How does Harry Potter feel about the hotly contested proposal to separate Scotland from the United Kingdom?
“I knew what it was like to be a lawyer. I would always know that. But if I didn’t try another business opportunity when it came up, I would go through life wondering what I might have experienced.”
What was the lesson we were taught twice last week?
Once by Dave Brat, the congressional candidate who defeated House Majority Leader, Eric Cantor?
Who is the happiest woman in Chapel Hill these days?
Drop by the upscale woman’s fashion shop, Fine Feathers, at University Mall to see the smile on the owner’s face.
Not University Square where Betty Kenan opened Fine Feathers almost 40 years ago and where it became a destination stop for customers throughout the region. It is University Mall, where the shop relocated on April 1.
Romney for President.
Get used to the idea.
It was a dream come true for almost any Carolina Tar Heel sports fan.
Spending an hour or two in the Dean Dome. On center court no less, looking up at five national basketball championship banners and the retired jerseys of more than 10 decades of players who built the proud tradition that made the building a national landmark.
Suddenly it’s June. Have you made a list of books to read on your summer vacation? Here are some North Carolina books for that list.
What will the world’s most famous Afghani tell people in Chapel Hill about his thoughts on President Barack Obama’s plans to reduce the U.S. troop level in Afghanistan to 9,800 by the end of 2014?
The famous Afghani is Khaled Hosseini, author of the bestselling, and now classic, “The Kite Runner,” as well as “A Thousand Splendid Suns,” and his most recent, “And the Mountains Echoed.” All three are deeply entwined with the recent history of Afghanistan. For many Americans, Hosseini’s fiction has been their most reliable guide to the country’s rich and complicated heritage and its tragic disintegration in civil war and invasion.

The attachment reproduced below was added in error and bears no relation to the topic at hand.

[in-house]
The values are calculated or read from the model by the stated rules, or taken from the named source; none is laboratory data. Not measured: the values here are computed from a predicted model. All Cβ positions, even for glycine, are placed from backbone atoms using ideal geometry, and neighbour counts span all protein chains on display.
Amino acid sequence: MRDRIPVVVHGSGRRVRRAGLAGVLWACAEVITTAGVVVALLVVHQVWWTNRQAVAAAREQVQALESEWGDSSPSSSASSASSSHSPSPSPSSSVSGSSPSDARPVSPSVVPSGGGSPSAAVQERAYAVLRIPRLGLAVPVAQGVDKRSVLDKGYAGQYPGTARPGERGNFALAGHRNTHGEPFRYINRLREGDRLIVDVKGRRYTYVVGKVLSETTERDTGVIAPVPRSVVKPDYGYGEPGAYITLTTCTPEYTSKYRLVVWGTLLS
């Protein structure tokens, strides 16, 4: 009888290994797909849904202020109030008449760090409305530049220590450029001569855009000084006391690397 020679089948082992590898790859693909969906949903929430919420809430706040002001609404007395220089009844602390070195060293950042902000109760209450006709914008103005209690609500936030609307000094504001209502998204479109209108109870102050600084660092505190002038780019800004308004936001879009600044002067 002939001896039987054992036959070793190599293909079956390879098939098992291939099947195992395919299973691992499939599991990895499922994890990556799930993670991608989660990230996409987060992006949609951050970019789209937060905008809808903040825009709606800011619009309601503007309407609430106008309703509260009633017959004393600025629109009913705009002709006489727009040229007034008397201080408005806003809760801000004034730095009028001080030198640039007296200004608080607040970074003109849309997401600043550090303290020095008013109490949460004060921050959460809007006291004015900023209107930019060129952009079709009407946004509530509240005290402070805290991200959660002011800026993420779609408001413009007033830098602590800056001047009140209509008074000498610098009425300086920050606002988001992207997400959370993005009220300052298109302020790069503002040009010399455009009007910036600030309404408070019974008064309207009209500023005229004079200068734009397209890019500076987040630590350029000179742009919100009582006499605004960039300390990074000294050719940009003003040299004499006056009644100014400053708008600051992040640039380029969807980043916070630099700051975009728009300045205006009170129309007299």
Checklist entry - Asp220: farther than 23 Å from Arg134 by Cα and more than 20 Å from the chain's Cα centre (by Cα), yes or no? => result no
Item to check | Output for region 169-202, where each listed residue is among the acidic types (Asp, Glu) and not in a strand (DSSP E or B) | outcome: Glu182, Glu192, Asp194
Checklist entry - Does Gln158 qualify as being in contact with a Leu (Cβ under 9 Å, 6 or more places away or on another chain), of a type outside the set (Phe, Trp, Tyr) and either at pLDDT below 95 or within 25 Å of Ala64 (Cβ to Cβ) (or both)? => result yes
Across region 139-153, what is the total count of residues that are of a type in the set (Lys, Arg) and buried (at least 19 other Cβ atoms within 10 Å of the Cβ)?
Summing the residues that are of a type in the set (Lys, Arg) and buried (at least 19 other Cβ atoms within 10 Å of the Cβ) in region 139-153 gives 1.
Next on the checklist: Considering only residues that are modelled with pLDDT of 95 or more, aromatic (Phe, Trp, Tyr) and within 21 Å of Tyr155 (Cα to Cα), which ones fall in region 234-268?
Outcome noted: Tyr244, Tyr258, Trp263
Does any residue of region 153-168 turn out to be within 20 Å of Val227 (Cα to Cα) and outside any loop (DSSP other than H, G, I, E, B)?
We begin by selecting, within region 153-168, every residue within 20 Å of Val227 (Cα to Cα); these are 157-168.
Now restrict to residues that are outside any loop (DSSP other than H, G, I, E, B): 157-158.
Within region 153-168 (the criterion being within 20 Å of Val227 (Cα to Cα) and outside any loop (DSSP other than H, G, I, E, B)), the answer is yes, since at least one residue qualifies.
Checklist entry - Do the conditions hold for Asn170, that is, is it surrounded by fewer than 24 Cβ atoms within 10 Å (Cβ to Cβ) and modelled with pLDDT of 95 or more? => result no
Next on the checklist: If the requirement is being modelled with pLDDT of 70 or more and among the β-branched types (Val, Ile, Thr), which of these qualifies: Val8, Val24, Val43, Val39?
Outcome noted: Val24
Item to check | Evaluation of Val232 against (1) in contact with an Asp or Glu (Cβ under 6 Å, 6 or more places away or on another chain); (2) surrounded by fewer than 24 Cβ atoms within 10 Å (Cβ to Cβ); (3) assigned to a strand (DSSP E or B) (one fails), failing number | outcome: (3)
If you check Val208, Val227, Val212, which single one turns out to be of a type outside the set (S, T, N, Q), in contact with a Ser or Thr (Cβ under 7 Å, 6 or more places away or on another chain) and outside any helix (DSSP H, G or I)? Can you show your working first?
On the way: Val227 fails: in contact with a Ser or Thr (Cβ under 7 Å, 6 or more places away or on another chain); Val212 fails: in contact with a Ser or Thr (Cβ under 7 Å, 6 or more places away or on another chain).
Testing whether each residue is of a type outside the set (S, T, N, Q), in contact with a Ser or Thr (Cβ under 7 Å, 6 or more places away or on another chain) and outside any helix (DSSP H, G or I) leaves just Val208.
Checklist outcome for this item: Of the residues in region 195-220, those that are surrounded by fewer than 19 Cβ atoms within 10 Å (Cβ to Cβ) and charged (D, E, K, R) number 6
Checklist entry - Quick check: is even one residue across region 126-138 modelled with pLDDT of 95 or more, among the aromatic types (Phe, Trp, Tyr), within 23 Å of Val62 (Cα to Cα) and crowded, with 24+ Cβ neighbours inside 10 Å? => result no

There’s a secret nobody in the Raleigh power establishment will confirm.
It is this. Our Republican governor, Pat McCrory, would not mind if there were a few more Democrats in the General Assembly after this fall’s elections.
I can’t pass by an army surplus store without walking in and seeing what is for sale.
So it was good news for me when Barry Keith, who opened Surplus Sid’s in Carrboro in 1988, told me, “I plan to be here for a long time. Honestly, they’ll have to carry me out.”
The other day, Keith was in front of the store working on a pole decorated with a dragon, one that would break apart into two swords.
“It is probably not known to many of our readers, that the citizens of Mecklenburg County, in this state made a declaration of independence a year before Congress made theirs.”
This item could be an introduction to a contemporary story about the anniversary of the May 20, 1775, Mecklenburg Declaration of Independence.
On my morning run, I pass by the building near my house in Chapel Hill. And every time, I say a word of thanks.
Other North Carolinians are grateful, too. A friend of mine told me last week, “The Institute of Government has made all the difference for our state. But, today, not enough people appreciate how much we owe it.”
As the discussion about the consequences of the coal ash residue leakages continues, there is one thing about Duke Energy about which there is widespread agreement.
Just when it seems that all the news about the university and Chapel Hill is bad, Shirley Temple comes to the rescue.
But, since Temple died a few months ago, her help came courtesy of UNC-Chapel Hill professor John Kasson.
His new book, “The Little Girl Who Fought the Great Depression: Shirley Temple and 1930s America,” has been on the booksellers’ shelves for only a few weeks. But it is getting widespread and favorable attention for the book and for the Chapel Hill author in publications ranging from “The Weekly Standard” and “USA Today” to “The Washington Post.”
“Just be patient,” some North Carolina Democrats are telling each other.
“The demographics,” they say, “are on our side. The older white conservative Republicans are dying off. They are being replaced by younger, multi-ethnic, social liberals who tilt Democratic when they go to the polls. It is just a matter of time until these factors give the edge in North Carolina politics back to the Democrats.”